Tooth AnatomyWhen the dentist tells you that you have some areas on your teeth that are either low on enamel and that you should take better care, brush more often, or floss twice a day, you might roll your eyes a bit and sigh quietly to yourself when you leave the office.

But the reality is that enamel formation is a multi-layered and complex biological process that is difficult to simulate or repair, and preventing further decay is your best defense, rather than trying to repair the hole with different methods.

Enamel is formed by a single layer of cells called ameloblasts. If you remember the name of the cell and casually mention it in a conversation with your dentist, they are sure to be impressed. Anyway, the ameloblasts work between the dentin and the enamel, depositing enamel as they move outward. This very organized action, which includes a scaffolding and mineralization process, continues while being protected by bone and surrounded by tooth follicle. When the cells make their way to the surface, they die and you probably unknowingly eat them or something.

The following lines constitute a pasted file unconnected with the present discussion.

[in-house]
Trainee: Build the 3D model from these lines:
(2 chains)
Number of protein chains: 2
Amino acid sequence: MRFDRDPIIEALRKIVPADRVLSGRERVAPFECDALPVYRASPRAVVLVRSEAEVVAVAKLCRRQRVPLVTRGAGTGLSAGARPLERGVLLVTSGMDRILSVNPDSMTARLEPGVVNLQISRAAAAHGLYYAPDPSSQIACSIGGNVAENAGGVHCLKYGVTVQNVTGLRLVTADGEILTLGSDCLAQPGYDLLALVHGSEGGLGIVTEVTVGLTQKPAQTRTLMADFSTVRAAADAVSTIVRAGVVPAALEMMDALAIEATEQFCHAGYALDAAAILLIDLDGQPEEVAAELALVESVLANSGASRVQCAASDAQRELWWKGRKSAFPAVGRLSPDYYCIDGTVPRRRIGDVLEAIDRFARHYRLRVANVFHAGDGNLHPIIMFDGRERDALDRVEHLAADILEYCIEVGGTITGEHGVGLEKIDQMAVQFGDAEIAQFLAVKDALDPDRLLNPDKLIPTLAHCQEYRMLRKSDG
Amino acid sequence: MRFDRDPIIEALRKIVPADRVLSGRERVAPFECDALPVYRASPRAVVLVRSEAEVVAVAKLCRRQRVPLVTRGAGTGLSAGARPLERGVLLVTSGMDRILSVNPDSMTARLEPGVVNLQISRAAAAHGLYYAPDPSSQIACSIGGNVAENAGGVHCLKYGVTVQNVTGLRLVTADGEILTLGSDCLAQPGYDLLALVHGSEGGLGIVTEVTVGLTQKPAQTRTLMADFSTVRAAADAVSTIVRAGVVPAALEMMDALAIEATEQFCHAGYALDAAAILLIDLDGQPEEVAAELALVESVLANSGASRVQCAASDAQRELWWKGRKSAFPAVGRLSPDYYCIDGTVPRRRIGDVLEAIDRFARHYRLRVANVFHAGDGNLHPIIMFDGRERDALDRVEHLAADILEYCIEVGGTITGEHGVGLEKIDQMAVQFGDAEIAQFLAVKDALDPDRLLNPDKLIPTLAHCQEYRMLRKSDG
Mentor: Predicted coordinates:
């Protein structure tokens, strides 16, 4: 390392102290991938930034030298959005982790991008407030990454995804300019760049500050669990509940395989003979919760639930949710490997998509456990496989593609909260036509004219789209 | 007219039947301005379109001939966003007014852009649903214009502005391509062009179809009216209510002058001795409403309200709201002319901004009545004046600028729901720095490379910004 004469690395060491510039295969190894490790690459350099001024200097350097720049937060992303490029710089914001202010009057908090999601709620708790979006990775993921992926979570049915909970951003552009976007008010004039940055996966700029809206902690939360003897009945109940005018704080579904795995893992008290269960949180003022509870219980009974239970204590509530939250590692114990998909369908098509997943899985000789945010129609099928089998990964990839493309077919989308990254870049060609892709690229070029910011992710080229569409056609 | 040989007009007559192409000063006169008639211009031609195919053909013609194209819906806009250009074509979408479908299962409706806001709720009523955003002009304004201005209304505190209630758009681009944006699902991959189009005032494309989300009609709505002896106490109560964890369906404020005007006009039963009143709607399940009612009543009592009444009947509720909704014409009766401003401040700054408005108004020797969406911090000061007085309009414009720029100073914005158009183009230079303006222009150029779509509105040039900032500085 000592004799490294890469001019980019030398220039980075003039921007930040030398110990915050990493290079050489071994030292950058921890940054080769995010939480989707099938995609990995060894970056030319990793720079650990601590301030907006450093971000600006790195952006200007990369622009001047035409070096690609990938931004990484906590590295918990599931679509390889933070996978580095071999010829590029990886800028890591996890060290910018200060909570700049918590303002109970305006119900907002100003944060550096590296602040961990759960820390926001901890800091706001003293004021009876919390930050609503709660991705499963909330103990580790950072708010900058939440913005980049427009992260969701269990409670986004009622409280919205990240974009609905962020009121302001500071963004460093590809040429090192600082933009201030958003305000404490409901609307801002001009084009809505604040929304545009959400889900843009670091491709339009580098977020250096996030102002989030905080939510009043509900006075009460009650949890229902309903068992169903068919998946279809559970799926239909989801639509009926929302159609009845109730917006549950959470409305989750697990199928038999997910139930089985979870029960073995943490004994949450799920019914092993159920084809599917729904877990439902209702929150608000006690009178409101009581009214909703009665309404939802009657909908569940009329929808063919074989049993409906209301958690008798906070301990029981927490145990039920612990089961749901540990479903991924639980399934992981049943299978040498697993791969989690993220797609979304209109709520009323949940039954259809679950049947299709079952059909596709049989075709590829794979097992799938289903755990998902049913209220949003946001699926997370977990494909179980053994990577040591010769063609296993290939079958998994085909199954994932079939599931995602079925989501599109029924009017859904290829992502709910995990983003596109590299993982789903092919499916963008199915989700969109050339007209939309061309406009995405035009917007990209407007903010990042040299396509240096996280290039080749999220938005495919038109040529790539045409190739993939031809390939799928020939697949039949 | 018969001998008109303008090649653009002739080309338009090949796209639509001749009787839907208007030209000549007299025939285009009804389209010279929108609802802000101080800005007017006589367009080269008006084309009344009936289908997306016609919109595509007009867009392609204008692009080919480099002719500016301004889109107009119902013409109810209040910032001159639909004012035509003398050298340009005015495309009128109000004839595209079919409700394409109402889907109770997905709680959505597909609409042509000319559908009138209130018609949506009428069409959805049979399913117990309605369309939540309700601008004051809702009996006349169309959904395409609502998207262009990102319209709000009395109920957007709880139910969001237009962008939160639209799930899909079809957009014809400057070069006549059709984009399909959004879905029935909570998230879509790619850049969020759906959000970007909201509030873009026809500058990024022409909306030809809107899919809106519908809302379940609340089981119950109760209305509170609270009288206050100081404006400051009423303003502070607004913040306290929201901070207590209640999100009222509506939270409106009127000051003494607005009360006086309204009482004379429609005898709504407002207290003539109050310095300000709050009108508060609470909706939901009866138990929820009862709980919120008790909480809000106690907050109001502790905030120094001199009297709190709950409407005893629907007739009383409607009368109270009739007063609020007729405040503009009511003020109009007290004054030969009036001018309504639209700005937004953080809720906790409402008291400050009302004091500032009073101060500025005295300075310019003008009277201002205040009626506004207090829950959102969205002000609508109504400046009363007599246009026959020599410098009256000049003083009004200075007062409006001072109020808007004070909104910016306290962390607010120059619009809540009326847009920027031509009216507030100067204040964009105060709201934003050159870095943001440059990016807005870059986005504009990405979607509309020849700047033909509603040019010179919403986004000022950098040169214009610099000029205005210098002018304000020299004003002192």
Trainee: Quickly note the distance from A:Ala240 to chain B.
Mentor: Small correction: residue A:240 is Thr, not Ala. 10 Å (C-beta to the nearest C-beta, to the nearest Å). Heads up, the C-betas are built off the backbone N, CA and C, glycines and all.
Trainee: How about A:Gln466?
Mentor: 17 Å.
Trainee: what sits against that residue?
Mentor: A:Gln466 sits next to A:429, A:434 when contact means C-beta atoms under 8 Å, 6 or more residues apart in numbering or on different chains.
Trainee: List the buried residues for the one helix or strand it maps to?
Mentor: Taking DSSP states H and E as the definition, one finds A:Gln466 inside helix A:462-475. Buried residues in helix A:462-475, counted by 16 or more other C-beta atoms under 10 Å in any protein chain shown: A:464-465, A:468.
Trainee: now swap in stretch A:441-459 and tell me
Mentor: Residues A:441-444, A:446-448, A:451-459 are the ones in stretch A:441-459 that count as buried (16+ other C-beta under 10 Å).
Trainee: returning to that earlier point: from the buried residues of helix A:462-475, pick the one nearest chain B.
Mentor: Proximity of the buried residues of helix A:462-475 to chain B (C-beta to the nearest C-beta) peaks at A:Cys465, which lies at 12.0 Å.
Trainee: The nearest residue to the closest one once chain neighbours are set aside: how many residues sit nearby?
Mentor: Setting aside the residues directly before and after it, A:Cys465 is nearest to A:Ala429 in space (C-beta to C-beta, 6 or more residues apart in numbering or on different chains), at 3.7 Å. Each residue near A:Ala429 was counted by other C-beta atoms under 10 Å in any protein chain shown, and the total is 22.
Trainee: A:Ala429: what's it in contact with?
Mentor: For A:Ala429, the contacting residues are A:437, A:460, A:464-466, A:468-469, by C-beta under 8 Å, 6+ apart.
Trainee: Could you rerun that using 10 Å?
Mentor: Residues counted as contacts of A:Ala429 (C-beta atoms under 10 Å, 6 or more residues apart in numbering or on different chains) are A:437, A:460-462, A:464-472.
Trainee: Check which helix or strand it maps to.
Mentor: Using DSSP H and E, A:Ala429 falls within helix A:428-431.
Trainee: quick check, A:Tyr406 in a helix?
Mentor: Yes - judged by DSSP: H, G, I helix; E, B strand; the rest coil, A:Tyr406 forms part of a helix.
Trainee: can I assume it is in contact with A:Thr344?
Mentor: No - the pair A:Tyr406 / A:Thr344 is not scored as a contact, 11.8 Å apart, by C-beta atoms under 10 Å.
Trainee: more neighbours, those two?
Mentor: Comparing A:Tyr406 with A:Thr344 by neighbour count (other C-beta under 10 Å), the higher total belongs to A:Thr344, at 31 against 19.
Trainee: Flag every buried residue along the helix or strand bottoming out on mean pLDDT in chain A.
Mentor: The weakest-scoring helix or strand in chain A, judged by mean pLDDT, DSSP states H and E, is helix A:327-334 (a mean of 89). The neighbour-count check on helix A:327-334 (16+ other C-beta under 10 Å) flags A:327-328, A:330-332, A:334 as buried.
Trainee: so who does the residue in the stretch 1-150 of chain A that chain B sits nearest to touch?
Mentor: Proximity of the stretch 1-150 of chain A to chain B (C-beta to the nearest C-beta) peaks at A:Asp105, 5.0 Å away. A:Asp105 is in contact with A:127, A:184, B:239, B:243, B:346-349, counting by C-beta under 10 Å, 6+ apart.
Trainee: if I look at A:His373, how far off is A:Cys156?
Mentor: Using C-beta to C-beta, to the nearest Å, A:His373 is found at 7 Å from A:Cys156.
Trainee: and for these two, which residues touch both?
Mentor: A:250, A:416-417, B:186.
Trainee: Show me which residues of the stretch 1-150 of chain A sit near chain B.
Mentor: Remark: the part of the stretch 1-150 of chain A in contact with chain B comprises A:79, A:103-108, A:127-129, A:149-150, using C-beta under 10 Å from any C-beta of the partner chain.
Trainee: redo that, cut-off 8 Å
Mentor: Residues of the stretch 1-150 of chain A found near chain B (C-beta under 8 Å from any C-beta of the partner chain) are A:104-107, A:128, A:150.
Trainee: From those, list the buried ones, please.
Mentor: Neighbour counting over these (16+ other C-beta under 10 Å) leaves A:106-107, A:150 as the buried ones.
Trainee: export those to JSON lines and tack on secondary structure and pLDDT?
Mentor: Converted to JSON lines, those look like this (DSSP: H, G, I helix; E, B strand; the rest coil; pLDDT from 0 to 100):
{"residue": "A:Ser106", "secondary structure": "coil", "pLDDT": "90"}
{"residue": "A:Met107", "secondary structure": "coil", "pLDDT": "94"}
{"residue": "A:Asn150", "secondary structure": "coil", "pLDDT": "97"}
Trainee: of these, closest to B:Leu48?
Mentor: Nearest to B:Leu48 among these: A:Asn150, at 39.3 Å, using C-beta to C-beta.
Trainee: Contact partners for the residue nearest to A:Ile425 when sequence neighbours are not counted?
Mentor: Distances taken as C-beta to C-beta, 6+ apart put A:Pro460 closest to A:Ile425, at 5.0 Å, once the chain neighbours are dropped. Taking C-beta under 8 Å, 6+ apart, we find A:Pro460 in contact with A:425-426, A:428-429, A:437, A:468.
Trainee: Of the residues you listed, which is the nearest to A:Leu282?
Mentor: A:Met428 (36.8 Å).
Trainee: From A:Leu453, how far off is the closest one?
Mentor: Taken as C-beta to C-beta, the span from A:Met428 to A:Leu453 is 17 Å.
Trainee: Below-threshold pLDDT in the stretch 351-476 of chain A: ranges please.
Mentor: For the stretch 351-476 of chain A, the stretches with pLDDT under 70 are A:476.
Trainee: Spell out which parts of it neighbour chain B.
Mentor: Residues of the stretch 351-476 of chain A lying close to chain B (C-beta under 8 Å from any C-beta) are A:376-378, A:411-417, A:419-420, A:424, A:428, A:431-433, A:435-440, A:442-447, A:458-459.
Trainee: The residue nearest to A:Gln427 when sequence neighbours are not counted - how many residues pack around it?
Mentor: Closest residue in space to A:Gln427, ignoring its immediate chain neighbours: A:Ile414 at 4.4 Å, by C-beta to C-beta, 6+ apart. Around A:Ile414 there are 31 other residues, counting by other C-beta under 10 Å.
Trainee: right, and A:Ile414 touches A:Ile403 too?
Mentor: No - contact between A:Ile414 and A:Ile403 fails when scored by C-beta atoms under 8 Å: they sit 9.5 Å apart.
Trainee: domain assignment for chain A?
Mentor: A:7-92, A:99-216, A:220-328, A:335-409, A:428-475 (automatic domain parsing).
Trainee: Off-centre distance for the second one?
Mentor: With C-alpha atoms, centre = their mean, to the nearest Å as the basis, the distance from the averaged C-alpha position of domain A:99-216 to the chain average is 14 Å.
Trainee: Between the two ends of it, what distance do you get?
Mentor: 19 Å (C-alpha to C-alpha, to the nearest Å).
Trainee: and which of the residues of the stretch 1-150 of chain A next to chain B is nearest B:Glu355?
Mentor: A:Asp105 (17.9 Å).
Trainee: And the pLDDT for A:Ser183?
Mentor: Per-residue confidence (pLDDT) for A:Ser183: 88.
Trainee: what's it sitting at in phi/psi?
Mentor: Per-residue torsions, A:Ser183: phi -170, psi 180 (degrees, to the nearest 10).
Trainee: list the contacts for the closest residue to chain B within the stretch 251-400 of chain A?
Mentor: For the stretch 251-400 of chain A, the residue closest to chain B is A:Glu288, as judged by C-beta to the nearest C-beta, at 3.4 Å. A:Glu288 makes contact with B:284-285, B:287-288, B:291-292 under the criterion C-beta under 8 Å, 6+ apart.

Scientists have had trouble replicating this complex enamel forming process in the lab. Now imagine replicating it on a tooth that is in a mouth, dealing with a constant barrage of bacteria, chewing food, and temperature changes.

So when it comes down to it, your best bet is to protect what you have. If you let your enamel wear away, you will need a much more dramatic operation. Although getting a cavity filled or a root canal may not seem dramatic, its much more extreme than two quality sessions of brushing and flossing!